Main 4 Aspects : Hypnosis for Changes in Phenomena

(1) Guide Attention : 

Attention usually changes in two ways — it is channeled into the internal and becomes focused. There are some clinical situations in which hypnosis works best by spreading attention and outward, but they are not covered in this chapter. While changing attention is accurate and therefore possible to spread and outwit, most patients, when asked to describe their attention process during hypnosis, refer specifically to inward attention, and focus rather than inattention.

(2) Alter Intensity :

The intensity adjustment can be increased or decreased in two directions. Hypnotized patients usually report vivid and vivid feelings, such as a clear relaxation, and they may also report other vivid and distinct sensory experiences, including touch, vision, hearing, proprioception, and changes in chemical sensations (taste and smell). . The body feels may become more vivid, the sound may become more vivid, the experience of time passing may become more vivid, and so on. Hypnotized patients may also report that any feeling does disappear. The patient may describe that he or she is unaware of the picture, sound, smell, taste, touch, or position of the limbs. In addition, there may be a feeling of distortion; the limbs may feel larger or smaller, and the sound may become closer or farther.

(3) Create Dissociation :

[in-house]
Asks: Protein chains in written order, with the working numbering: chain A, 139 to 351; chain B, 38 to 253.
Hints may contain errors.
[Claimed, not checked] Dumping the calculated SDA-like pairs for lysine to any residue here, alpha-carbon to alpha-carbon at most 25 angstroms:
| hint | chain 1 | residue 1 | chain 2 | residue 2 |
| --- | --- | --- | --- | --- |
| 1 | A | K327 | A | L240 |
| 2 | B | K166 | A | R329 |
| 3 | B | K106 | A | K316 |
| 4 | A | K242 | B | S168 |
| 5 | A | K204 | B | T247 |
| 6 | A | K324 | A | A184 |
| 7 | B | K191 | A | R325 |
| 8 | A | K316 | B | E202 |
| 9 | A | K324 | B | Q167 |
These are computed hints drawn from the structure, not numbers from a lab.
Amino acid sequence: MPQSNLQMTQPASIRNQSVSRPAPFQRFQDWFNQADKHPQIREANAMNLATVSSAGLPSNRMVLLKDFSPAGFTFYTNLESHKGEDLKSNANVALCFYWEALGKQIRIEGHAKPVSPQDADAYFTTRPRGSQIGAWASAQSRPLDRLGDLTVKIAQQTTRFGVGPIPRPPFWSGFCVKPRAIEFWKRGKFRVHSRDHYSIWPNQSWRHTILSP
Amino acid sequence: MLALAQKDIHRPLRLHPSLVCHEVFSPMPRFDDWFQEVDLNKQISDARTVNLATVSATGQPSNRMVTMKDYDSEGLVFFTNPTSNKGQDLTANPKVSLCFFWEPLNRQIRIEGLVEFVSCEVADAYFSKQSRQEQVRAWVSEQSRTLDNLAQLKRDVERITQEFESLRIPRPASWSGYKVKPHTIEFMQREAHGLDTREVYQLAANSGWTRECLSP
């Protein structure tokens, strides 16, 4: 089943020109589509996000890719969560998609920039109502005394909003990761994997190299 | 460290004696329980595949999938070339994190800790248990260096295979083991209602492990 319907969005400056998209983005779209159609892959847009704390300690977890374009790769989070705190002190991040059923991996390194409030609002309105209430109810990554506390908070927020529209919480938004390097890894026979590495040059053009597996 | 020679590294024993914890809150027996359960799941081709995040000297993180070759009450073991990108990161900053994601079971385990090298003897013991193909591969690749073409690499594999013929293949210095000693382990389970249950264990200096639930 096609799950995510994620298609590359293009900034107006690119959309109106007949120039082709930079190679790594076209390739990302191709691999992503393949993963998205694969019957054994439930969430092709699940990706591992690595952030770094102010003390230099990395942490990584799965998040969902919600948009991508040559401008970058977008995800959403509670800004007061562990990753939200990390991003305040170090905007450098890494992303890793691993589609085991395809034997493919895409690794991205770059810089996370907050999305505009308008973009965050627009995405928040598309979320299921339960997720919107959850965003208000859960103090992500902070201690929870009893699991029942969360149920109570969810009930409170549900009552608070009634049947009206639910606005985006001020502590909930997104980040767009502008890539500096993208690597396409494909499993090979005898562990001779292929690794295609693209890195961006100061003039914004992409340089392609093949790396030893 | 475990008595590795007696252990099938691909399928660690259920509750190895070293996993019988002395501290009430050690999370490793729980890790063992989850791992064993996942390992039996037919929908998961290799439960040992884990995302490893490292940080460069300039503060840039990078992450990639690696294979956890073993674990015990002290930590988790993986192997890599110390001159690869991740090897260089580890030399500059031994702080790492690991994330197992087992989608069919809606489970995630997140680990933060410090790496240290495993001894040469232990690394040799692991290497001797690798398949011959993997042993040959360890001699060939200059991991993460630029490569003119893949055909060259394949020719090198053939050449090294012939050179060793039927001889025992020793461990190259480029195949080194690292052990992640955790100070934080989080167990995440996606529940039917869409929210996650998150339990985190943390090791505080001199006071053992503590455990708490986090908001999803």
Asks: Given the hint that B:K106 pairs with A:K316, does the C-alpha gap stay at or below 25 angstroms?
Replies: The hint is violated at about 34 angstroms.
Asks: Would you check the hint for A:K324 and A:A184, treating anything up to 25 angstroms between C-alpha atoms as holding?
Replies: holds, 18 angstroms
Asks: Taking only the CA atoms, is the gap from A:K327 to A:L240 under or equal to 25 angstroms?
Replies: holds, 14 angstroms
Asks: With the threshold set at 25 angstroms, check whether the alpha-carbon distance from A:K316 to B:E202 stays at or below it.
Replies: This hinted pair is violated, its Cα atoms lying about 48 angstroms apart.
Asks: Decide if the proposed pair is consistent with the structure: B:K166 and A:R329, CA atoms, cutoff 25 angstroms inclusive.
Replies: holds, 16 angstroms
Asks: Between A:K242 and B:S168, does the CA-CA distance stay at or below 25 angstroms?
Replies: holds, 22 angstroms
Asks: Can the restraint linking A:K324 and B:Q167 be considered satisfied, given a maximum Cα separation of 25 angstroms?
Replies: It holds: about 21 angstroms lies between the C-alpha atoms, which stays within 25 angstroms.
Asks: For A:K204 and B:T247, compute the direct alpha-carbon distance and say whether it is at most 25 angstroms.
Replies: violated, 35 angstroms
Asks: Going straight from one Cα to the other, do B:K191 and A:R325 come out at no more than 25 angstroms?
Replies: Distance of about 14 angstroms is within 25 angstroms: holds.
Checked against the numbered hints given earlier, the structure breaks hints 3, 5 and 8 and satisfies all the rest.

There are two situations in dissociation. For an experience, it feels “a part and apart”, and there is an automatic phenomenon, so experience “just happen”. Hypnotized patients often report “I am here in the treatment room, but I am attracted to it by my fantasy.” Patients who are hypnotized may also experience automatic mental or physical phenomena, such as images and memories that “just happen,” or physical movements, such as the lifting of the arm.

(4) Modify Responsiveness :

Responding to some of the more subtle hints (minimal cues), that is, they react to the irony and extra-string sounds. This type of behavior is described as a response to small prompts. For example, if the hypnotist says: “You can go further into a paralyzed state.” Hypnotized people may move their feet forward to react to this suggestion. At the same time, hypnotized patients often engage in a careful search of meaning, launching an intrinsic search of what the hypnotist is saying, looking for personal meaning and search for personal meaning. For example, the hypnotist said a vague story, and the hypnotized patient tends to personalize the story as compared to the awake state.

For any particular patient, it’s hard to know which particular phenomenon leads him to report, “I’m hypnotized.” It is often assumed that in a hypnotic state, if the patient reports all four major hypnotic phenomena, then the patient will generally agree that he or she has been hypnotized. However, some patients may reach only one of the hypnotic phenomena and report that they have been hypnotized. They may simply focus their attention on the mind and say they have entered a hypnotic trance. One of the arts of a hypnotist is to determine which hypnotic phenomenon is sufficient to indicate that a particular patient has entered a trance.

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